Wednesday, July 8, 2009

To market, to market

Yesterday morning I took my creaky knees for a walk down to the Green City Market, the Wednesday and Saturday produce bazaar in Lincoln Park. A light mist was falling, but it takes more than that to ruin a walk through Lincoln Park. Strolling past North Pond and the vagrant geese, across from Old Man Wrigley's mansion on Lakeview, you get a feeling that life is, on the whole, pretty darned good.

Yeah, Gio pulled an oblique muscle in batting practice and Number 12 is sulking on the bench, but trying to avoid the goose poop, while ogling the terra cotta splendor of the 20,000 square foot joint across the street is a reminder to keep an eye on the small things. Remember the words of Jeremiah . . . Give glory to the LORD your God, Before He brings darkness And before your feet stumble On the dusky mountains, And while you are hoping for light He makes it into deep darkness, And turns it into gloom.
Listen to the prophet, Alfonso.

The Green City Market on a Wednesday is filled with dogs on leashes and kids in high tech strollers with insulated cabins, cup holders, and gyro-controlled balancing systems. Also, human beings of the retired variety and 30-something moms out for their mid-morning spin through the produce.

I like everything about it. I like the folks who come there, the ones who come to sell and the ones who come to buy. I like trolling past the blueberries, raspberries and strawberries while the John Hancock looms darkly in the background. I like the single guitarist, playing Paul Simon's America while the folks a few feet away order a mid-morning treat of crepes. And I like the brightness of freshly cut flowers and the piquancy of a sample of five-year old cheddar.

I especially like looking at the names of the farms. Places like the Hoosier Mama Pie Company, the Kinnikinnick Farm, the Blue Marble Family Farm and Brunkow Cheese of Wisconsin. Such names are a reminder in the middle of this big city that we live and breathe because hard working folks get up early most every day to provide the nourishment we need.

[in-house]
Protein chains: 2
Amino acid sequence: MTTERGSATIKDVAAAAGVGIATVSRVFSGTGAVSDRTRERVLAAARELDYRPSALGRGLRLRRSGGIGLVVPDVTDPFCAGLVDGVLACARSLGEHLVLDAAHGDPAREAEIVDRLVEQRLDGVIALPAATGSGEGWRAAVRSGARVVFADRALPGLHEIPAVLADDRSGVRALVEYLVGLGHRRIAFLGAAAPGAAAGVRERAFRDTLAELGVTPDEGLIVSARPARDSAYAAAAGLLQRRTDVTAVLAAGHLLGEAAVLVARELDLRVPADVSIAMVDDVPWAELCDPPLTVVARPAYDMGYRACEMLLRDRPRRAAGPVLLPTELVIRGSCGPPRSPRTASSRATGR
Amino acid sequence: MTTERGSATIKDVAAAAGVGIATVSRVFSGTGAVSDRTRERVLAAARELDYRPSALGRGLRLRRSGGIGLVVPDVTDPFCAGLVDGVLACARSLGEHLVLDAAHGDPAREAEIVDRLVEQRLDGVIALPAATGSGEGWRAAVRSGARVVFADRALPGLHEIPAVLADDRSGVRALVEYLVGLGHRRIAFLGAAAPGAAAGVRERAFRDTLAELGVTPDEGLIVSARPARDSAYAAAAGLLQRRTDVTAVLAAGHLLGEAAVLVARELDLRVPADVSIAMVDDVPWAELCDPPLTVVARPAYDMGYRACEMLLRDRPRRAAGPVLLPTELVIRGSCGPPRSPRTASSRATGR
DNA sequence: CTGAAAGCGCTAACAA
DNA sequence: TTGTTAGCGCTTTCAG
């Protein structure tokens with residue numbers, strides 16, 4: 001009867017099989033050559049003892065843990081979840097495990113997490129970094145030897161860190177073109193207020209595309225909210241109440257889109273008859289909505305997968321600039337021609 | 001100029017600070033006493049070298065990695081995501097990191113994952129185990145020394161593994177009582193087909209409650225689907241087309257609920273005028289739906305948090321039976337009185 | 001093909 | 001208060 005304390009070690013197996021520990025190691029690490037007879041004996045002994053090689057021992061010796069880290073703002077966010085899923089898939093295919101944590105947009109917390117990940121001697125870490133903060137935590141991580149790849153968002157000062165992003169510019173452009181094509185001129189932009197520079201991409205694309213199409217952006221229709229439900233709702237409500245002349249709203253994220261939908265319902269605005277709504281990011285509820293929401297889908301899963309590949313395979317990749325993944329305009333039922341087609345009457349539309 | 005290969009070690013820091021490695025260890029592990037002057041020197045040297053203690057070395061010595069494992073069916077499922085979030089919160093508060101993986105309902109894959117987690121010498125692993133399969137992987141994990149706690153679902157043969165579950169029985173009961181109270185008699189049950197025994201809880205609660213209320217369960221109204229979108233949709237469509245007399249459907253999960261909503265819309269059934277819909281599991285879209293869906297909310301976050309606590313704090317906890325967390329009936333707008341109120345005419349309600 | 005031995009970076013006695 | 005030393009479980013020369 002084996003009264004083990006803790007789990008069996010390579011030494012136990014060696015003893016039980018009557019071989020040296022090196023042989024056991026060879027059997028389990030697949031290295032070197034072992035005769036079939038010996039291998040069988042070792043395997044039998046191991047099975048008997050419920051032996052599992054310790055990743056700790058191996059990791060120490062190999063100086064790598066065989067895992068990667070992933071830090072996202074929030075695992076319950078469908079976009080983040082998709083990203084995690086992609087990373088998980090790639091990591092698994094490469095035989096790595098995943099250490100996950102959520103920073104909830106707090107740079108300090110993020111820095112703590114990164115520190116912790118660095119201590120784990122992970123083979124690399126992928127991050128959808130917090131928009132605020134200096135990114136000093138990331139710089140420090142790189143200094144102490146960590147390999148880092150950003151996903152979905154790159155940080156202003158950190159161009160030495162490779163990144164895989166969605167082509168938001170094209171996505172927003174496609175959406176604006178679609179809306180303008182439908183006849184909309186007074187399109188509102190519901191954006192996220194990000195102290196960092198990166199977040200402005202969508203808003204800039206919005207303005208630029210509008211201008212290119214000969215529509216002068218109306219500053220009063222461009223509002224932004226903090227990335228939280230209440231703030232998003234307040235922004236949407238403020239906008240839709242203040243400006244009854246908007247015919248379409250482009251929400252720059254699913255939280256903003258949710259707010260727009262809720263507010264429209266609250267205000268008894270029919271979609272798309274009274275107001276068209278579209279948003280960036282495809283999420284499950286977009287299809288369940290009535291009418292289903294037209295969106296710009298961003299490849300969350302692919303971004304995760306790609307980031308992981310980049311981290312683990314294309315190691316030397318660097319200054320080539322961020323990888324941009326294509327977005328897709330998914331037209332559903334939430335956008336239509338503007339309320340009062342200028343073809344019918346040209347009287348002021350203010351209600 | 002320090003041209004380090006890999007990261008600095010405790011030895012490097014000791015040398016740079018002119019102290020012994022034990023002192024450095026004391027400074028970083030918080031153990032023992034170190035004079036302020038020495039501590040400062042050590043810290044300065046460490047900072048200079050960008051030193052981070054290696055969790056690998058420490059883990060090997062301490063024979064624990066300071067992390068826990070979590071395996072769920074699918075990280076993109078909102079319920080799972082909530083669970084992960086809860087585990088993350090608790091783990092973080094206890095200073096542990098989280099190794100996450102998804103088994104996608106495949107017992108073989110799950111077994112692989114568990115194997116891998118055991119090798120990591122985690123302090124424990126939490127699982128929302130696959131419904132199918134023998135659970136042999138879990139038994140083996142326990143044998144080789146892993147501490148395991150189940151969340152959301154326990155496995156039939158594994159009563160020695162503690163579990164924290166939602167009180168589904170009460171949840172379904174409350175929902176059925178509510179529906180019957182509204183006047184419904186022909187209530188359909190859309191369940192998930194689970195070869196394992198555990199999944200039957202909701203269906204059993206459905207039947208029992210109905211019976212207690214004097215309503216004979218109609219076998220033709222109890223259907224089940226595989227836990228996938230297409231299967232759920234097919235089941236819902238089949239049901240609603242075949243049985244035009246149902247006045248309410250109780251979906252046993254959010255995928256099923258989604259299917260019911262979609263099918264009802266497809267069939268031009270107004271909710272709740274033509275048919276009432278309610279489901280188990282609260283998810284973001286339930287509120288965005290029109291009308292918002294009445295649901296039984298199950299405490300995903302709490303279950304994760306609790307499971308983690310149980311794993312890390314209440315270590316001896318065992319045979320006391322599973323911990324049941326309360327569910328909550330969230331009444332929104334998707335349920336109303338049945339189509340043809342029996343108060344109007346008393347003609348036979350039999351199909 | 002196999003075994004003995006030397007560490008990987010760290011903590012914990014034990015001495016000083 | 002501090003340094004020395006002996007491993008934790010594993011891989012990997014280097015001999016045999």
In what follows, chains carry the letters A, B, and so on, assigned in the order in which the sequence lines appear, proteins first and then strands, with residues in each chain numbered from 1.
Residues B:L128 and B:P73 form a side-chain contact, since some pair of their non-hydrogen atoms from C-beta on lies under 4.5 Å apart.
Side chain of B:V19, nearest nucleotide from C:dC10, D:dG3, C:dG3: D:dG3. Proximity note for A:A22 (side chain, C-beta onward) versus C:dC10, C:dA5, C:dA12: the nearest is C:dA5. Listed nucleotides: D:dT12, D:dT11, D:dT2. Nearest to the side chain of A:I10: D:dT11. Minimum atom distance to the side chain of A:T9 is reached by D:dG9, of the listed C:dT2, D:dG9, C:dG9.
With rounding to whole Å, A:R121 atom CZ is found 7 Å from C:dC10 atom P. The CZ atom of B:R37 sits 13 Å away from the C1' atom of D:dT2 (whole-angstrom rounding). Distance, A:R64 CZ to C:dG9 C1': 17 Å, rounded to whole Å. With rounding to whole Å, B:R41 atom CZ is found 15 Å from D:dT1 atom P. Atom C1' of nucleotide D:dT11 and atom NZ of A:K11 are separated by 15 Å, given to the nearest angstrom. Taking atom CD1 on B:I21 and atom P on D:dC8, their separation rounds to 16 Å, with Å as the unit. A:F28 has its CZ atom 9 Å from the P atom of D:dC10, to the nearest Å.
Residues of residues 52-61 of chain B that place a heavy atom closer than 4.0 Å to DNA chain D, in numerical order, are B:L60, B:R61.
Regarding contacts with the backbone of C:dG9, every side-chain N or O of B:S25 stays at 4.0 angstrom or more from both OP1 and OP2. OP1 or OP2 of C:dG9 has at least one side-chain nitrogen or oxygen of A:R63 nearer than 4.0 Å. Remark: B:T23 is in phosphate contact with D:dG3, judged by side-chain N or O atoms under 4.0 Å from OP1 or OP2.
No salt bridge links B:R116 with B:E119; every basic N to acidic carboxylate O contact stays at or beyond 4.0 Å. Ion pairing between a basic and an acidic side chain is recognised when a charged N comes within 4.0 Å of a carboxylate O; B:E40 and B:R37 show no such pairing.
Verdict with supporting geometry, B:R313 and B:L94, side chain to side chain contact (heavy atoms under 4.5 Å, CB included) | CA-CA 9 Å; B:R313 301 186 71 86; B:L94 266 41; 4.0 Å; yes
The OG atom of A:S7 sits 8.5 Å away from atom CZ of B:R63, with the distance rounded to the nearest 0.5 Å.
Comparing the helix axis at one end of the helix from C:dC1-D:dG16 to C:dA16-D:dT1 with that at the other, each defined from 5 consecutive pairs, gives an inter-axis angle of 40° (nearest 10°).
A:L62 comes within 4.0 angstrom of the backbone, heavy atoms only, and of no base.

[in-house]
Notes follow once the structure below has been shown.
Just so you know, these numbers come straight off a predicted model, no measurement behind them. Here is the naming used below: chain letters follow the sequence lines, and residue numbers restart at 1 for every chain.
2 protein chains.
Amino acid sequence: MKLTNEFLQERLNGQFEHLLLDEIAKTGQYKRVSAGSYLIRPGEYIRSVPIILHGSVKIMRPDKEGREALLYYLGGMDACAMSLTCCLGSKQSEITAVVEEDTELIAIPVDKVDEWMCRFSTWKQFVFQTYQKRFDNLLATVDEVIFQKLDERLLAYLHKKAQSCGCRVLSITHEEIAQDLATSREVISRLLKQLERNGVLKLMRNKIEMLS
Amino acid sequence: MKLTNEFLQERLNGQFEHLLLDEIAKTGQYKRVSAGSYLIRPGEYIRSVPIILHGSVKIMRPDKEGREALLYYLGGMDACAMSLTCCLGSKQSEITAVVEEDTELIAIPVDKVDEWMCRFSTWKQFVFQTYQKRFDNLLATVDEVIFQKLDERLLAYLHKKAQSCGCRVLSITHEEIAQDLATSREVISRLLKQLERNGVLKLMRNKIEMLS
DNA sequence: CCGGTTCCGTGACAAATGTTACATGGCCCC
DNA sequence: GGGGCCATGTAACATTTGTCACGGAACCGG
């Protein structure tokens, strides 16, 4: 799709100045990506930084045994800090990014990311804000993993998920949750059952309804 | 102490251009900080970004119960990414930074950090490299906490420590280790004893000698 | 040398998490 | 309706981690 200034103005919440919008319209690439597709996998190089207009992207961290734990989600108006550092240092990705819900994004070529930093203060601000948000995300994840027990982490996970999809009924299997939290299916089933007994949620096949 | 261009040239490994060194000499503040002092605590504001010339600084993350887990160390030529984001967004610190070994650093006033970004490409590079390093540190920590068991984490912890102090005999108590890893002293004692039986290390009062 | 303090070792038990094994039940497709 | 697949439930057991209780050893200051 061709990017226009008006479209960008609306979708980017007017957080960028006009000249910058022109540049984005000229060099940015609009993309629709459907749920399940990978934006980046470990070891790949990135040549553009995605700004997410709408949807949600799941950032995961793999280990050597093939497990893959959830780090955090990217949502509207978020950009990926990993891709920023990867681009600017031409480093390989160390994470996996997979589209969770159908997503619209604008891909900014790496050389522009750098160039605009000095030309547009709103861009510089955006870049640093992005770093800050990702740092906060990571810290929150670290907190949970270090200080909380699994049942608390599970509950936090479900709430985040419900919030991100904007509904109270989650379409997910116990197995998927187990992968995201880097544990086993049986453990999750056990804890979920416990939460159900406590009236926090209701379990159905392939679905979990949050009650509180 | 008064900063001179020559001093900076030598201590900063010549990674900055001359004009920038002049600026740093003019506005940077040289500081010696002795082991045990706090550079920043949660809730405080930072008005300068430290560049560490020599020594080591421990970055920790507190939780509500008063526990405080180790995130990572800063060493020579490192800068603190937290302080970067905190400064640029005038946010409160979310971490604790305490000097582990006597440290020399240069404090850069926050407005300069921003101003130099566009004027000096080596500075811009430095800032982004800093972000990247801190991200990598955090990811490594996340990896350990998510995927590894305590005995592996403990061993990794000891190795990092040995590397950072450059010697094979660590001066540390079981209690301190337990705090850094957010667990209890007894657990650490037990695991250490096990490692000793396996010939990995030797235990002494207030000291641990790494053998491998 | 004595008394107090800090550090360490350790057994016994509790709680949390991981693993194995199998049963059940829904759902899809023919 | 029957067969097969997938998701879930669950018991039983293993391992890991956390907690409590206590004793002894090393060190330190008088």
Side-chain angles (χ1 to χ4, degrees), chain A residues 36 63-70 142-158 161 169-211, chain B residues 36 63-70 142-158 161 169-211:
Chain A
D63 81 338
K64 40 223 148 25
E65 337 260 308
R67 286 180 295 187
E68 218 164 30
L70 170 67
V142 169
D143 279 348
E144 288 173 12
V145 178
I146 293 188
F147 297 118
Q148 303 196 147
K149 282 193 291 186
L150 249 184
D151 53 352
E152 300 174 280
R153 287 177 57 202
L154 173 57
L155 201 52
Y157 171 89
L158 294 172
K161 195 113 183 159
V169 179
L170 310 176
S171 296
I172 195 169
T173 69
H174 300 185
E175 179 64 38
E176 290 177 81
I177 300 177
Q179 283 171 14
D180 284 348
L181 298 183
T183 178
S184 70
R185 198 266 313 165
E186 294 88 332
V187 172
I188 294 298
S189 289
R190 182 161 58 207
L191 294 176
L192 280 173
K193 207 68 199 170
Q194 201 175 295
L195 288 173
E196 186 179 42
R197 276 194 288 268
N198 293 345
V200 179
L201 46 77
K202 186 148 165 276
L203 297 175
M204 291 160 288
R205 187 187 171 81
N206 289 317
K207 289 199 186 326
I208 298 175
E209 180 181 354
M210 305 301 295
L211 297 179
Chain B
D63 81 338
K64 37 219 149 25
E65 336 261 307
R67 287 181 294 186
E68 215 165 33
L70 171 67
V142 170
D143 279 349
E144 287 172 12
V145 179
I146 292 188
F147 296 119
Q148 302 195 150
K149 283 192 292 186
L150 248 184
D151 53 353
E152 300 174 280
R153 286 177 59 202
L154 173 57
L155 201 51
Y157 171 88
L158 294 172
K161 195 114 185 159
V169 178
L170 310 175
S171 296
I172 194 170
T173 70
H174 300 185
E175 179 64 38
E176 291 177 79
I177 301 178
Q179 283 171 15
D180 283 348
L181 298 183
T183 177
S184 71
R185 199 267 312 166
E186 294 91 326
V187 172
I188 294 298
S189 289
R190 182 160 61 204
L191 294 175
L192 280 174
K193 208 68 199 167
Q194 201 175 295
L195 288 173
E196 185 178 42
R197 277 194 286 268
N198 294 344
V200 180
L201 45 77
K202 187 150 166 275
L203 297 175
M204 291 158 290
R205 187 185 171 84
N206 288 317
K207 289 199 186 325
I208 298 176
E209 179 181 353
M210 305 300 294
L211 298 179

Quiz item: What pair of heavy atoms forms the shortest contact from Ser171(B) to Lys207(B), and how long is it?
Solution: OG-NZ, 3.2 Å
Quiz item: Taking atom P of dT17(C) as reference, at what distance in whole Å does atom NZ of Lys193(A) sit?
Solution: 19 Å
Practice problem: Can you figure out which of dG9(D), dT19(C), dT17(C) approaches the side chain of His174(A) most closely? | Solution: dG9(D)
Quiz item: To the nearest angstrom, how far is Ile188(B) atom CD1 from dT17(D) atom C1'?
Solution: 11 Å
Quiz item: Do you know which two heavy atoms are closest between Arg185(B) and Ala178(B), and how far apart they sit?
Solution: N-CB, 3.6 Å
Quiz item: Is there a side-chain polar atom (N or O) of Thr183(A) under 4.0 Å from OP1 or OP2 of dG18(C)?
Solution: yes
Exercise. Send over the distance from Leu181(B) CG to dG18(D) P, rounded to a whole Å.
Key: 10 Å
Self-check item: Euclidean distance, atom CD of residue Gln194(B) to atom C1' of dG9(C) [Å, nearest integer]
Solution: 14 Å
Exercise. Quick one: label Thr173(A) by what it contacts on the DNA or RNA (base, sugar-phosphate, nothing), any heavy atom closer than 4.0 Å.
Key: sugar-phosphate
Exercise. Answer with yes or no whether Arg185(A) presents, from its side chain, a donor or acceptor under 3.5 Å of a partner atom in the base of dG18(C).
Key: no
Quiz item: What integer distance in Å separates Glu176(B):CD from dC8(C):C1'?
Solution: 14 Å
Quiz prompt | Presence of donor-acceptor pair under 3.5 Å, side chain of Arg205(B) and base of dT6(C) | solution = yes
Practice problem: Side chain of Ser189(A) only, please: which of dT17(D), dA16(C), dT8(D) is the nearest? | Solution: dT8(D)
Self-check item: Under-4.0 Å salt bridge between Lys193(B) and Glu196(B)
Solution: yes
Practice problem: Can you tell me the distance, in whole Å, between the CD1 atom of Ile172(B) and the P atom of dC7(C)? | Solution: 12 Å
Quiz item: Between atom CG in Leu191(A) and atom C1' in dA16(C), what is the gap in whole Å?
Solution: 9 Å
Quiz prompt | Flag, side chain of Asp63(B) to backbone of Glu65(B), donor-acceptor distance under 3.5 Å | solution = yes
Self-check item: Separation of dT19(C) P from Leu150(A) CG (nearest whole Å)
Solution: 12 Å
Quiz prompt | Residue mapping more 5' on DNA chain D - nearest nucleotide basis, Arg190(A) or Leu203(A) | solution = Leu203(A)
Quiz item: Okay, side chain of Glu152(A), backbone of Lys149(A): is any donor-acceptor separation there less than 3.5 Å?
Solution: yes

It isn't easy work. I got to talking with the farmer at the Mick Klug stand about how rainy the summer season has been. While he bagged up my blueberries, I said that all the rain was probably good for farmers. Not so. For him it meant losing half his cherry crop. Early rain, it turns out, causes cherries to absorb moisture and swell to the bursting point. They crack open and are ruined. For me the rain meant that I rode my bike less than I would like.

I came home loaded with stuff. Blueberries, raspberries, some fresh lettuce. Four tomatoes. Some unopened lilies for the dining room table. And a bag marked Mushroom Medley. I had some of the blueberries and raspberries for breakfast this morning. They were good. Really good.

In Nature's Metropolis William Cronon wrote, "To do right by nature and people in the country, one has to do right by them in the city as well, for the two seem always to find in each other their own image . . . We can only take them together and, in making the journey between them, find a way of life that does justice to them both."

The Green City Market . . . that's one small way of trying leading a life that is based on such justice.

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